scythefwd
November 11, 2009, 04:34 PM
If you purchase a Lee anniversary reloading kit, $100 ish, you will be able to match factory .30-06 speeds with your .308. Whether your rifle will respond well (accuracy, not blow up type response) is another story. This is just using published load data that is below SAAMI specifications.

Robert
November 11, 2009, 04:35 PM
I probably sound like a wuss; which is not the case.
I do not think that, and if I came across like that I am sorry.

scythefwd
November 11, 2009, 04:38 PM
sleepyone. I'm not downing you in any way. It is just that I have fired a .300 wby mag, and it was a good thump. I can fire my .30-06 all day long and not feel it, but I would have to stop after a box or so out of that .300 wby until I got used to it. There really is a huge difference in kick we are talking about here. I would hate to see you spend money on a gun and the have it kick too much to shoot (if you buy it as a shooter, a wall hanger is a different story). I only buy guns to shoot so to own one that was too much for me would really bother me.

sleepyone
November 11, 2009, 05:11 PM
no offenses taken, guys! Great info from everyone!

wyohome
November 11, 2009, 05:15 PM
It's the best all around cartridge ever devised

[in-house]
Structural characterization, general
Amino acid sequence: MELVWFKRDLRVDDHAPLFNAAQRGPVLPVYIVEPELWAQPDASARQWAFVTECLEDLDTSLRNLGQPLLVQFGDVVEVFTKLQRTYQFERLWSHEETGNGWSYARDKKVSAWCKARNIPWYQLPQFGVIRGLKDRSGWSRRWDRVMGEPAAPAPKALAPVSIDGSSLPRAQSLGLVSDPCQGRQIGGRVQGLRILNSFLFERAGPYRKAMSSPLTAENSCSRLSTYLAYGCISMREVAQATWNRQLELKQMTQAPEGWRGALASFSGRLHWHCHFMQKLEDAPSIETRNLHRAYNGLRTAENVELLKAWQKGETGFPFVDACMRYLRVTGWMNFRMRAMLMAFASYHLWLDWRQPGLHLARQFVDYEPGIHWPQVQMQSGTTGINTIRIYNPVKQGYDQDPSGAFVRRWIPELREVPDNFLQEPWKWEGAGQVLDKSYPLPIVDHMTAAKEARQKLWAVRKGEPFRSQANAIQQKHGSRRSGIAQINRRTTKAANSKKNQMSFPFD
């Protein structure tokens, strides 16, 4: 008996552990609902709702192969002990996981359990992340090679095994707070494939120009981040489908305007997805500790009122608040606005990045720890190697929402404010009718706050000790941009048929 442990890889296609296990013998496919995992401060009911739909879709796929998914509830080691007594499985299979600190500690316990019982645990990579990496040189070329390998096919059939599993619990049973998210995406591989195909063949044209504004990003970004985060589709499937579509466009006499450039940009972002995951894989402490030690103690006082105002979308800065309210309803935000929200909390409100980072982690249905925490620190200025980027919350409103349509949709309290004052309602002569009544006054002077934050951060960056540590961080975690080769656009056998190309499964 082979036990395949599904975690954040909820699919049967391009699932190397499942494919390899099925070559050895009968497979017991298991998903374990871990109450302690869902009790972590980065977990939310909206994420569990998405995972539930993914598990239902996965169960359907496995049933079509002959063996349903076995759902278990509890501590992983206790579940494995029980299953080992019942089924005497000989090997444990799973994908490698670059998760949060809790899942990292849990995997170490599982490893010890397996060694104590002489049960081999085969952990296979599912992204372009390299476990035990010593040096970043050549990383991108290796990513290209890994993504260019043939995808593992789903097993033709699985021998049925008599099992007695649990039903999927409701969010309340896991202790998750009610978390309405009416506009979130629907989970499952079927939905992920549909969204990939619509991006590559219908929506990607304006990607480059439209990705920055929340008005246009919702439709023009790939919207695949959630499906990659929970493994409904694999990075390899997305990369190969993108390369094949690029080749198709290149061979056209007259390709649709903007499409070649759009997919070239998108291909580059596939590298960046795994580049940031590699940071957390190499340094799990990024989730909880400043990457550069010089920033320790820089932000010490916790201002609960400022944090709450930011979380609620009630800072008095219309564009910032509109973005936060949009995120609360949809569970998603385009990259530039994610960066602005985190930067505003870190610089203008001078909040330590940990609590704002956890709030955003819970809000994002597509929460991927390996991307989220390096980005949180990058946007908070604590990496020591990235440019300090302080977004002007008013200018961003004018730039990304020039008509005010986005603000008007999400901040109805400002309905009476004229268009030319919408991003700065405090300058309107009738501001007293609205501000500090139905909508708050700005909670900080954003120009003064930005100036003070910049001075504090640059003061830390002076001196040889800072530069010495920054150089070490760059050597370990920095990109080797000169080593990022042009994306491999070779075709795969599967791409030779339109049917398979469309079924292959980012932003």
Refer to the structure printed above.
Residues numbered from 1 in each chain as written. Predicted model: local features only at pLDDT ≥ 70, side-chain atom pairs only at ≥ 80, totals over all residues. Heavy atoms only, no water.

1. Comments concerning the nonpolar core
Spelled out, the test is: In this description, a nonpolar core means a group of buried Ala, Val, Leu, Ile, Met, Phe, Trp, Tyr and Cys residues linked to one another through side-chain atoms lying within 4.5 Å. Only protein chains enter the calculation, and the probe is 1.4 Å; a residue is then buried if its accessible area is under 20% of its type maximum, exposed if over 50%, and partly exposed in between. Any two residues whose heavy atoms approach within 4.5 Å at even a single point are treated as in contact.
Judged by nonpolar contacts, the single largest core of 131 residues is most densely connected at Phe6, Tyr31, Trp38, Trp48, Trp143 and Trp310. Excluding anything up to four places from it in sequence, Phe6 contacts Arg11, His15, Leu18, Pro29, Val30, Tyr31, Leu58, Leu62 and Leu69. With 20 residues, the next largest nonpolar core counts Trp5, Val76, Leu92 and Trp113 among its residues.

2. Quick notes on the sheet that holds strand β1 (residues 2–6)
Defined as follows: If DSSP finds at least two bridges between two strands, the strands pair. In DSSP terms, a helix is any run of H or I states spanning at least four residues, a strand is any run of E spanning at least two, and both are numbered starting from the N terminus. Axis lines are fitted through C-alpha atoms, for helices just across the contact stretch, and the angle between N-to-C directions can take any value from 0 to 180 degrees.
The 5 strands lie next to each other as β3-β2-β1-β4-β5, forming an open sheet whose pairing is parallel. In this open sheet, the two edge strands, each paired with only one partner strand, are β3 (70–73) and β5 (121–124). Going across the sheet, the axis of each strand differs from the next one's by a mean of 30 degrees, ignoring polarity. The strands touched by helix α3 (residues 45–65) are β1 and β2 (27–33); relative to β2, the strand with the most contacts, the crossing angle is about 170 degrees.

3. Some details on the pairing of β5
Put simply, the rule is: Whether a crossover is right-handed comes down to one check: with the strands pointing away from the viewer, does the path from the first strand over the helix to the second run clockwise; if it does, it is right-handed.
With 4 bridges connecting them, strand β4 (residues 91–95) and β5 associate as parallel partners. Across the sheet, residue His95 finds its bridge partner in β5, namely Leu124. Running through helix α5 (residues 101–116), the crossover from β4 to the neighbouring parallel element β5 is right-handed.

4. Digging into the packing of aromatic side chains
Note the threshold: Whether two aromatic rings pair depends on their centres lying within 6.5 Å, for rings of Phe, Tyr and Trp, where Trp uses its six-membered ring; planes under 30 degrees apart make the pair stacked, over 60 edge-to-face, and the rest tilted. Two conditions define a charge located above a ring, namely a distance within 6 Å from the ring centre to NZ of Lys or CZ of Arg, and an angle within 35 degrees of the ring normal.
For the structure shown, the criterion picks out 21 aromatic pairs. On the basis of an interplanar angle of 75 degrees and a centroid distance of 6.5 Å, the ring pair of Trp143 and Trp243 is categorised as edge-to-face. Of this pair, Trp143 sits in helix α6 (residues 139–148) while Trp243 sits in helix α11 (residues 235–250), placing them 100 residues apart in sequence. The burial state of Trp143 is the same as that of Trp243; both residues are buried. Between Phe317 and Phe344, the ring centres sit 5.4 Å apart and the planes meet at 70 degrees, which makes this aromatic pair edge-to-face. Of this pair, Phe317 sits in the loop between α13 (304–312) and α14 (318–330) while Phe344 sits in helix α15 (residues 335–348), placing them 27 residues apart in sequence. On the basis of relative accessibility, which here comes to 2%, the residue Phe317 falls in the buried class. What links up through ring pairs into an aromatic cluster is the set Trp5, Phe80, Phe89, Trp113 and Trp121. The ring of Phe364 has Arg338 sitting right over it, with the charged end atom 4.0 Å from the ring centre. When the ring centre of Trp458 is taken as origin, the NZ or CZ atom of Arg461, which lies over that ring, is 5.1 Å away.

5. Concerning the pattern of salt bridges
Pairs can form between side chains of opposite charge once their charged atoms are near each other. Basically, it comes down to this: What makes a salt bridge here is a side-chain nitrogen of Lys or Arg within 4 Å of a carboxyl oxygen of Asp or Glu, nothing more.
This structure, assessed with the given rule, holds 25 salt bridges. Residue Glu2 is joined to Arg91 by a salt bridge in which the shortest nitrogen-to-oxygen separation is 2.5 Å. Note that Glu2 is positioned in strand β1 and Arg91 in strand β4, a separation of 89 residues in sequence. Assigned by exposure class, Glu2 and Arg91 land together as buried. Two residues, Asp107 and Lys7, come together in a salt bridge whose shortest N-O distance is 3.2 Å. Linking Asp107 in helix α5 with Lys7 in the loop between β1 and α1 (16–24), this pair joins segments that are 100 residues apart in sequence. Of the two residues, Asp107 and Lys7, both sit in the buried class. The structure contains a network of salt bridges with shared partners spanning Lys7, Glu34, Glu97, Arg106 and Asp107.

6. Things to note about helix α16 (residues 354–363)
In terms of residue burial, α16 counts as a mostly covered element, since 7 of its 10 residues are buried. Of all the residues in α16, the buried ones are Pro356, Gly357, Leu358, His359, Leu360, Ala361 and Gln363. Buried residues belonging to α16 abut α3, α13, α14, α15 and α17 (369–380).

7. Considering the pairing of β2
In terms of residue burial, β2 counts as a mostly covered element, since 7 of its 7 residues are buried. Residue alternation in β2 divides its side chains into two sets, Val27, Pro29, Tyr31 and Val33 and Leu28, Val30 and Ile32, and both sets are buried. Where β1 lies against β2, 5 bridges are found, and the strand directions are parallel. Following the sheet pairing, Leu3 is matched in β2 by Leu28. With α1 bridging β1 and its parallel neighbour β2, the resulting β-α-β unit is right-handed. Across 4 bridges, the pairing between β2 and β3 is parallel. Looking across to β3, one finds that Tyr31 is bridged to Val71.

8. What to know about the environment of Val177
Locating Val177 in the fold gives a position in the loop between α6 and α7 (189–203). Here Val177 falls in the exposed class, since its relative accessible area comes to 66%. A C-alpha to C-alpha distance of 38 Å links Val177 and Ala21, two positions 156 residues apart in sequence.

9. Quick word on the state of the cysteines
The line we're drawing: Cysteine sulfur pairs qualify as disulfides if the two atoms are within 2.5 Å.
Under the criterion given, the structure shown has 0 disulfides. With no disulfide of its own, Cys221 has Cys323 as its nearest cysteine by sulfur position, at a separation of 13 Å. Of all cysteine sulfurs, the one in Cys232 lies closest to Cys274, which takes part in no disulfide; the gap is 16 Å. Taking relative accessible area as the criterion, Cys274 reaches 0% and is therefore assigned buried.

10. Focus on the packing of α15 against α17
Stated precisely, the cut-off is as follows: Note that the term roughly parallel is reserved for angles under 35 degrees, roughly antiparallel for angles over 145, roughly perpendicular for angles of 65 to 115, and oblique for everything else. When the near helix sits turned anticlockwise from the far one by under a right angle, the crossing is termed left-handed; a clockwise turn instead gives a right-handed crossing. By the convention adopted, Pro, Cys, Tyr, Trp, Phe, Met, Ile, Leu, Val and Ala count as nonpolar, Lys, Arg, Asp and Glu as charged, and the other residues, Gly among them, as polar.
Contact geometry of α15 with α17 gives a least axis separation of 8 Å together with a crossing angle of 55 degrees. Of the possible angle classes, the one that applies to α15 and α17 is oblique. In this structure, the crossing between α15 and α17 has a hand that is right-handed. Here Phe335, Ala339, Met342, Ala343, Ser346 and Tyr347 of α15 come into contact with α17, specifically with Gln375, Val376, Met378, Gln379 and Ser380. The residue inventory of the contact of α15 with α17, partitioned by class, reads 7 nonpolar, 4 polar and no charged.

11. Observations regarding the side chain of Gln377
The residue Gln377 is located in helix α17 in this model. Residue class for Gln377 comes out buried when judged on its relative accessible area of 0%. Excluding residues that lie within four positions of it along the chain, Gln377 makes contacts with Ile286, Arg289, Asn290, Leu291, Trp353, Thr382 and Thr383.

Did the military replace it with the .308 to save on 2mm of brass?

9mmepiphany
November 11, 2009, 05:17 PM
If you doubt compare the 264WM to the 300WM.

the .264WM is a very specialized round designed to shoot pronghorn antelope.

a 6.5x55mm loaded with 156-160gr bullets has great thump, with 120-139gr it is a great all-around chambering

i'm thinking a North American hunting battery should consist of the
1. .204
2. .260 or 6.5x55mm
3. .375 H&H

but then i'm not a big fan of recoil or blast

9mmepiphany
November 11, 2009, 05:25 PM
Did the military replace it with the .308 to save on 2mm of brass?

they replaced it, because they couldn't wrap their minds around a true intermediate cartridge, like the Russians could...i guess they just figured the Germans went down the wrong path...and figured that they could force it down the thoat of NATO as "short enough" to be controlable in full auto fire

saturno_v
November 11, 2009, 05:47 PM
Did the military replace it with the .308 to save on 2mm of brass?

The "brass" (pun intended), a.k.a. the Military, was not interested in hunting animals weren't they?? :scrutiny:

They wanted a more compact cartridge compared to the 30-06 even if it meant losing a bit of ballistic performance (the era of 1000+ yard shots between opposite trenches was over), but as 9mmepiphany said, they did not want to go all the way down to intermediate power level liek the Russians did.